Honey Fraud: Do You Know Where Your Sweet Stuff Is Coming From?

Pollen identification technology comes to the rescue.
Your honey has a label, but is it telling the truth? (brockvicky/Creative Commons via Flickr)
Dec 14, 2011
Megan Bedard is a sucker for sustainable agriculture and a good farmers market, she likes writing about food almost as much as eating it.

Seems hard to believe that something so sweet could be involved in international fraud, but that's exactly what happened when the U.S. tried to slow imports of inexpensive Chinese honey.

In 2001, China, the world's largest honey producer, was flooding the U.S. market with ultra-cheap product, making it tough for domestic suppliers to compete. After an outcry, officials slapped heavy import duties on Chinese honey in 2008, reports NPR. Initially, the tactic worked, and Chinese honey imports slowed. But a sudden proliferation of honey from countries surrounding China made American producers suspicious. Could China be honey laundering?

Jill Clark, vice president of sales and marketing Dutch Gold Honey, one of the largest honey packers in the U.S, explained the problem to NPR: "...[A]ll of a sudden we saw these other countries starting to sell a lot of honey into the U.S., and they weren't countries that tended to have any commercial beekeeping," she said. Most troubling? The largest increases began popping up in China's neighboring countries, Taiwan, Malaysia and Indonesia.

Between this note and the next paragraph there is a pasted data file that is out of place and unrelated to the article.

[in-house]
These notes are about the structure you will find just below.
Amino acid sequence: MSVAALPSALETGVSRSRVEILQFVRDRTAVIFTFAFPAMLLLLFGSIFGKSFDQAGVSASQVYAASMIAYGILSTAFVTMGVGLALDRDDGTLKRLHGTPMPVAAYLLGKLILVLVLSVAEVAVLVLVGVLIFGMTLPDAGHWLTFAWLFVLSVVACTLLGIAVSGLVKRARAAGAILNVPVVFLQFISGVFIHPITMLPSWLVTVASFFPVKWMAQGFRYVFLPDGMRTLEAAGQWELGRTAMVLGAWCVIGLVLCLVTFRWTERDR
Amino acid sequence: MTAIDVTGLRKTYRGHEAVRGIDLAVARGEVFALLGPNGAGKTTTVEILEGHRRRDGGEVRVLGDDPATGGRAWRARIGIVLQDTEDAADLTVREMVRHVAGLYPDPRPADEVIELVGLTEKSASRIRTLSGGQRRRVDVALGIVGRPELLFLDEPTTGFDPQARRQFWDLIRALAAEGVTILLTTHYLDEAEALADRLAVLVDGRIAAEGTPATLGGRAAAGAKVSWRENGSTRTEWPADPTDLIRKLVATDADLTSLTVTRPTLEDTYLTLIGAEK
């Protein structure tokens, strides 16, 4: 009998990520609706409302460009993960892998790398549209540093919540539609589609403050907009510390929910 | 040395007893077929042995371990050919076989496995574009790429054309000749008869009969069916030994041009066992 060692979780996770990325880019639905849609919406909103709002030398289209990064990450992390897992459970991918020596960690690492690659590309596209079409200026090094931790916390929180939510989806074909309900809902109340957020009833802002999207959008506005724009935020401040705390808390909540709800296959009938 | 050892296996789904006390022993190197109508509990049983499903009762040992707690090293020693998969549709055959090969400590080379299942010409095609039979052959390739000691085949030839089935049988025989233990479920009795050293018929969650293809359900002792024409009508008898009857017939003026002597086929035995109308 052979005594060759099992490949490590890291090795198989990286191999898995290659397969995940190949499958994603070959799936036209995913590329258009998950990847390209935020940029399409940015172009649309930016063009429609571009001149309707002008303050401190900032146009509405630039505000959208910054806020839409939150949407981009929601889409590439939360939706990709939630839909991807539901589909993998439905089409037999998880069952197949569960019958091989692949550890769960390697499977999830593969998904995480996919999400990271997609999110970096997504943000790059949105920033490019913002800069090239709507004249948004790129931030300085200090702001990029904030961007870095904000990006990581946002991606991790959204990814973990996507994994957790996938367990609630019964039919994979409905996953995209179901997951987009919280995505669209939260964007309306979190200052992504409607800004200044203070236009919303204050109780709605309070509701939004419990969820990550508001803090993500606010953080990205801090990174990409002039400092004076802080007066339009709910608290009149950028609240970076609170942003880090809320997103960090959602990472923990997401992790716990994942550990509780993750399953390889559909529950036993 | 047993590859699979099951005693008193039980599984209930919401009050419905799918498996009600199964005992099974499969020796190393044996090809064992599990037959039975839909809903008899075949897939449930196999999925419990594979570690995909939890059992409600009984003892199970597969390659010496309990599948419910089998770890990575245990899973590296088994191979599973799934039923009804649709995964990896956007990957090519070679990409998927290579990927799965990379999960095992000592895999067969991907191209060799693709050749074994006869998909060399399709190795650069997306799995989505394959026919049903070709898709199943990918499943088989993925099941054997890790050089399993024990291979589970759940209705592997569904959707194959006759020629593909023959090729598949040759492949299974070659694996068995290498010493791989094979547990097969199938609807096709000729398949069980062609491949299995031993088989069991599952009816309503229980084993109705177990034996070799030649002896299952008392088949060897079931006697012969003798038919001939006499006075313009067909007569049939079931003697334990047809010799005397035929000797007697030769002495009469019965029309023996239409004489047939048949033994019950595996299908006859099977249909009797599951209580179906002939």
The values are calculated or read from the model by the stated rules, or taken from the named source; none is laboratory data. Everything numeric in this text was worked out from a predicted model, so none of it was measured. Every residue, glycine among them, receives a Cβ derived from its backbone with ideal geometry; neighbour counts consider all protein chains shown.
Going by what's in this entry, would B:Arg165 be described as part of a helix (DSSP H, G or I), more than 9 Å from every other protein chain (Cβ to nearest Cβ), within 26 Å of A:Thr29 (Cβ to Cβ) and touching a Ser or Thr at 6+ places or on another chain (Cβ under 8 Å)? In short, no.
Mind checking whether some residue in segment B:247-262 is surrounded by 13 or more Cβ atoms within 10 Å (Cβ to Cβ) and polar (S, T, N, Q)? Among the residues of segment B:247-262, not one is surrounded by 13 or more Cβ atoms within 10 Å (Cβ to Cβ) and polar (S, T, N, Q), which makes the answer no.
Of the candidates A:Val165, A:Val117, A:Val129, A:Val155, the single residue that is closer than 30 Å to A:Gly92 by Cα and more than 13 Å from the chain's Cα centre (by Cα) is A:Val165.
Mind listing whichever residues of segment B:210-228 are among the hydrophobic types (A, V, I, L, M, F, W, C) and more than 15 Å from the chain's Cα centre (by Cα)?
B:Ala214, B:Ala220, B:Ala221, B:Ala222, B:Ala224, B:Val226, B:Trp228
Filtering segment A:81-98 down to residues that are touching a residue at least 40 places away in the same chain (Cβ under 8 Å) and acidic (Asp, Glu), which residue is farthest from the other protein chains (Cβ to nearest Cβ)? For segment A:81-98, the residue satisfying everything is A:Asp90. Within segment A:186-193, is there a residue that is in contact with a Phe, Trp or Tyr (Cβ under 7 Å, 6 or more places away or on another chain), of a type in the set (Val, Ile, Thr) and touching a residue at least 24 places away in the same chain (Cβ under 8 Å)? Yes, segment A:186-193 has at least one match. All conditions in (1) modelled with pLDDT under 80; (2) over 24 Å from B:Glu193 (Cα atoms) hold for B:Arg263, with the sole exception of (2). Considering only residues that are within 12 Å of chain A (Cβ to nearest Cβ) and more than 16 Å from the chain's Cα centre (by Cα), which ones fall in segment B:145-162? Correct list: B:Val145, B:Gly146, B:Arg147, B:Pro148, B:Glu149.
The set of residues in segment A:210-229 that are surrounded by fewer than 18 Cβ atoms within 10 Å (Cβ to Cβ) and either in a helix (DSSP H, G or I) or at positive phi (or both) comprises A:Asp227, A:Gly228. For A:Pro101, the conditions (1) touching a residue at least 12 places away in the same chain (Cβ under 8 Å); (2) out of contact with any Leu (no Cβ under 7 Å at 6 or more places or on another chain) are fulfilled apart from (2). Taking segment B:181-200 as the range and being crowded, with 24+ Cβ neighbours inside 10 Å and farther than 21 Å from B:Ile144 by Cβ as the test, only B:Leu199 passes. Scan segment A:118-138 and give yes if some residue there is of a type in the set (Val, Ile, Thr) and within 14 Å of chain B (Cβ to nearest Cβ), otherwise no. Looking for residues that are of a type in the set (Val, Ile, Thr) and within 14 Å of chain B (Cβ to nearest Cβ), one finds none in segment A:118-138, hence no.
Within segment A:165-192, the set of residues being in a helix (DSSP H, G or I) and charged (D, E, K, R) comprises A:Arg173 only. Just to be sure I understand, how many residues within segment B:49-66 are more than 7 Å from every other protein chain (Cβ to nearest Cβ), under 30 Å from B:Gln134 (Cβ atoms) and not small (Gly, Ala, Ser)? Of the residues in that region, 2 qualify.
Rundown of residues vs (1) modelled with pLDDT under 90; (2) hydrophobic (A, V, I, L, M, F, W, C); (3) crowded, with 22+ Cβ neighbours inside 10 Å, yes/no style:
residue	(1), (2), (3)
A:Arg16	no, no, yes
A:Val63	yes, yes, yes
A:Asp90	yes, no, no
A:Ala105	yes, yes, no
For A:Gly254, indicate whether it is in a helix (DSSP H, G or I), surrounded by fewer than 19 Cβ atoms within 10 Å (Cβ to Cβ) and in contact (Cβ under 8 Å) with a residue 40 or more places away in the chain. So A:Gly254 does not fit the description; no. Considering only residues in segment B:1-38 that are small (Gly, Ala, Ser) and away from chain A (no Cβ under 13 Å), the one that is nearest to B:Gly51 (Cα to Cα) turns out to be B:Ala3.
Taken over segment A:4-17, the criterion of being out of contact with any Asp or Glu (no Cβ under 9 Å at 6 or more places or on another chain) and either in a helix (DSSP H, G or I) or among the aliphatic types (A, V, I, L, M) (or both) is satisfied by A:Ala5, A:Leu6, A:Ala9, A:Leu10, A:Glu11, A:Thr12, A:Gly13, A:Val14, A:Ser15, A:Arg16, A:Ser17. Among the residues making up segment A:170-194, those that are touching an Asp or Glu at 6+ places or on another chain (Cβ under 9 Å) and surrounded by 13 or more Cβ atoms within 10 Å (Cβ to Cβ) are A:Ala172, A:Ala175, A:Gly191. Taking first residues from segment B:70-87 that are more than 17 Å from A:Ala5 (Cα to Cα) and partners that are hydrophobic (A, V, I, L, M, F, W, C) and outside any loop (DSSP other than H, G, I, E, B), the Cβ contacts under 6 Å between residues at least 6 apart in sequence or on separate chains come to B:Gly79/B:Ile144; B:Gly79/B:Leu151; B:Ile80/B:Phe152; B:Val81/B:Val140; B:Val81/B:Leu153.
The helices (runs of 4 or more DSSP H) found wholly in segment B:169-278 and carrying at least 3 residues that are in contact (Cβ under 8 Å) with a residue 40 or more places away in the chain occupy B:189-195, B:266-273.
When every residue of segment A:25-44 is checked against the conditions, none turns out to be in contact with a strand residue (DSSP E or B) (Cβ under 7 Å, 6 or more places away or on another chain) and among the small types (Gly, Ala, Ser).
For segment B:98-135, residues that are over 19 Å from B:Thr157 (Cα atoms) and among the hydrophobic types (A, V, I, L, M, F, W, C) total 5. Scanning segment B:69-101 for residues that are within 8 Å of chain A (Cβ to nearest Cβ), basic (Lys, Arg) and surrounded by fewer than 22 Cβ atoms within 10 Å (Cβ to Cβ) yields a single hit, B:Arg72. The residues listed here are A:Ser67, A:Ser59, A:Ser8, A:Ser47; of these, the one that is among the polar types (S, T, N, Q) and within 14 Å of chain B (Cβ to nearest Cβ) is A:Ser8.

The findings were significant. NPR reports: Pollen testing confirmed suspicions—the honey was falsely labeled. Ron Phipps, president of honey importing company CPNA International, had his company run tests on the "Indonesian and Malaysian" honey samples and found the pollen content closely matched with China, making it highly unlikely that the honey was from elsewhere.

The evidence that this was really Chinese honey was so convincing that U.S. government officials stepped in to shut down those imports, too. They held up shipments, demanding more documentation. They indicted some Chinese and German honey dealers for fraud.

The honey from Indonesia and Malaysia dried up late last year, as quickly as it appeared.

Soon after the fruad was unveiled, massive amounts of honey started showing up in the U.S. from India. Suspicious, but not as damning, since India does have a history of honey production, and lab results yielded no Chinese pollen in tests. Still, Phipps is doubtful that the honey labels are truthful.

So what's a consumer to do? Five major American producers have unveiled True Source Honey, a new system designed to varify the origin of honey sold in the U.S. Any honey granted True Source Honey certification will be subject to rigorous oversight that includes pollen testing and visits to companies' apiaries to determine whether beekeepers are outfitted to produce the quantities of honey they're claiming to produce.

Sound excessive? Perhaps. But Clark doesn't think it's overboard. "With all the food safety and food security issues, knowing where your food comes from right now is incredibly important," she tells NPR.

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